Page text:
Even as President Dmitry Medvedev mulls over a re-election bid, here is what I am willing to bet will happen in the 2012 vote.
On May 18, United Russia deputies in the St. Petersburg city legislature will strip Sergei Mironov, Federation Council speaker, of his mandate and top government job. This will ensure that A Just Russia fails to cross the 7 percent threshold in the December State Duma elections. (Mironov, who owes everything to Prime Minister Vladimir Putin, sealed his fate three weeks ago when he announced that A Just Russia would not support Putin if United Russia nominated him to run for president.)
Mironov’s imminent ouster presages a larger plan for 2012.
The demise of A Just Russia is necessary to retain United Russia’s constitutional super-majority of more than 300 members in the Duma (it currently has 315 of the 450 seats), which in this year’s elections only becomes feasible if just three parties make it to the Duma — United Russia, the Communist Party and the Liberal Democratic Party.
This super-majority is Putin’s lock on Russia’s political system.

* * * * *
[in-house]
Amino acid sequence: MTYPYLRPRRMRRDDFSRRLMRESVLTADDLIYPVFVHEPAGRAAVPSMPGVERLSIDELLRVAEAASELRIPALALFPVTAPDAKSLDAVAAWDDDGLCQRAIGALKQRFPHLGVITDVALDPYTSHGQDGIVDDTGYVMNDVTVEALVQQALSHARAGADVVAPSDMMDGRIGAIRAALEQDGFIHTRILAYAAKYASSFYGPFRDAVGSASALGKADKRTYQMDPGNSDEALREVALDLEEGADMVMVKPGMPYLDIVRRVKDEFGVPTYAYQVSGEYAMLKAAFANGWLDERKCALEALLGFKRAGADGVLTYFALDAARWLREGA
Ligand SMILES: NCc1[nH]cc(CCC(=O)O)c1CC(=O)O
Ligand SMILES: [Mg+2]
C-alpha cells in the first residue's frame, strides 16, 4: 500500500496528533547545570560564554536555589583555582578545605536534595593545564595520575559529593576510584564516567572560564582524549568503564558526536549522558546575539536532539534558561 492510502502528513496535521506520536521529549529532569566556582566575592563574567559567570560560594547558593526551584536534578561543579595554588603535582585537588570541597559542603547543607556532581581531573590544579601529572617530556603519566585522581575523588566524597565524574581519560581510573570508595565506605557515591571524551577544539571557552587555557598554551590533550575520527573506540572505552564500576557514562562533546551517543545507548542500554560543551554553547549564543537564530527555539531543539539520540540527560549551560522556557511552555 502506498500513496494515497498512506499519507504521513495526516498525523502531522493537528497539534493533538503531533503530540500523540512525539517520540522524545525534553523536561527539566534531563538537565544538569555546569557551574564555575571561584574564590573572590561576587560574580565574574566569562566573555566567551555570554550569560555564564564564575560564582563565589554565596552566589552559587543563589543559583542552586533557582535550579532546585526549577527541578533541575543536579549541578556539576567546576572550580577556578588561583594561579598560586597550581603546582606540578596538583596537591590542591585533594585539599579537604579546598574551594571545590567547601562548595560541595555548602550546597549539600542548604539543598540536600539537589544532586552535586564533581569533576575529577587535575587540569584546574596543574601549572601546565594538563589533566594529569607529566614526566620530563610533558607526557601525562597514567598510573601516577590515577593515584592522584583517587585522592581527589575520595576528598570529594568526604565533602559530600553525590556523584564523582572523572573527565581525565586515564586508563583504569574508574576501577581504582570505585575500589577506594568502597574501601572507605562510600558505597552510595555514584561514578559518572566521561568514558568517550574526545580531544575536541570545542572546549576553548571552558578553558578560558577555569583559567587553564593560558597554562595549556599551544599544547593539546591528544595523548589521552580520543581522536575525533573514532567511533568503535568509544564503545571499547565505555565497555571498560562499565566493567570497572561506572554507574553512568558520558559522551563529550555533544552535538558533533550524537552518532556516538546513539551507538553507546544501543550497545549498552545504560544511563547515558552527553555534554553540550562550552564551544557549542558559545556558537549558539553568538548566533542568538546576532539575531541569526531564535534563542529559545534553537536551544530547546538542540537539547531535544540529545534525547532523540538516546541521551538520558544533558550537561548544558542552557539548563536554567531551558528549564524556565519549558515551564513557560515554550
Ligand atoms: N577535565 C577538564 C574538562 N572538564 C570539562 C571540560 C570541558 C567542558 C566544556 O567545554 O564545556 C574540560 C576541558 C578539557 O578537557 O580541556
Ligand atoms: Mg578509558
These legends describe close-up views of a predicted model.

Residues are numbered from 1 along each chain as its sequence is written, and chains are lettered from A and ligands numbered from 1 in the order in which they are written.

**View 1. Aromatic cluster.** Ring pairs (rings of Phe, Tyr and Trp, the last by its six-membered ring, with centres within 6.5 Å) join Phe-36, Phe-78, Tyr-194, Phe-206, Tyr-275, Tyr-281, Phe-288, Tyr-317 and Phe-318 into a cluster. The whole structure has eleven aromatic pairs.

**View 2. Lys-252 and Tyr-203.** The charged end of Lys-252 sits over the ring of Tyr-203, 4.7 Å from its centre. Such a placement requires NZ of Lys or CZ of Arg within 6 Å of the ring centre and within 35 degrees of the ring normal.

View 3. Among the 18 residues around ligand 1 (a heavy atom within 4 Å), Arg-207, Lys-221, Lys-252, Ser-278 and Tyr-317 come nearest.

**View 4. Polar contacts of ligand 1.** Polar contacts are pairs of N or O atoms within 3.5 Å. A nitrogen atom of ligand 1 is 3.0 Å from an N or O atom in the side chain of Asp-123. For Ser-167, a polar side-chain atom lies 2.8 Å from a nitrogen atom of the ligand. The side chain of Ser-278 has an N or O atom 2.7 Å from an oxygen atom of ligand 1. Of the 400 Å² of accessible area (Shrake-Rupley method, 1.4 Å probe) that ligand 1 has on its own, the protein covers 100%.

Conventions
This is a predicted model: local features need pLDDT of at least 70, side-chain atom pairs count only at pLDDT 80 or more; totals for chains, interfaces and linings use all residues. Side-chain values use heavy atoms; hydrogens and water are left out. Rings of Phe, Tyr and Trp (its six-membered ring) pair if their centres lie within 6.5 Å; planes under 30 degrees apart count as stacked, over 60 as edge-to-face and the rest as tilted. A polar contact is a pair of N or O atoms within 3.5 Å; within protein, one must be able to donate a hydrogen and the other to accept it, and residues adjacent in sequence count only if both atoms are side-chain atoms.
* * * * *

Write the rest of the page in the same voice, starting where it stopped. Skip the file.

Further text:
Killing A Just Russia would also deny Medvedev a political vehicle for a totally independent presidential run. Plans to create such a vehicle out of the decomposing Right Cause party by embedding it with First Deputy Prime Minister Igor Shuvalov foundered when Shuvalov bowed out after learning that the latest Levada poll put the Right Cause barely above 1 percent.
After the Duma election, A Just Russia would be the only party that could nominate Medvedev for president independently of Putin. The Communists and the Liberal Democratic Party wouldn’t dare do this.
Without a national party behind him, Medvedev remains a loner who can’t secure a political base of his own. As political strategist Yelena Miskova told me, “Medvedev would be running as a Don Quixote fighting the windmills of corruption and protecting Lady Modernization all alone.”
With his Duma super-majority secured, Putin would nominate Medvedev for a second presidential term as United Russia’s candidate. He would then put forward someone else as Medvedev’s next prime minister. This is part of Putin’s conception of a gradual, not rapid, modernization.
Putin would maintain control, while Medvedev gets his second term without much authority. But would he want it?
In reality, yes. This is Russia’s change you can believe in.
Vladimir Frolov is president of LEFF Group, a government-relations and PR company.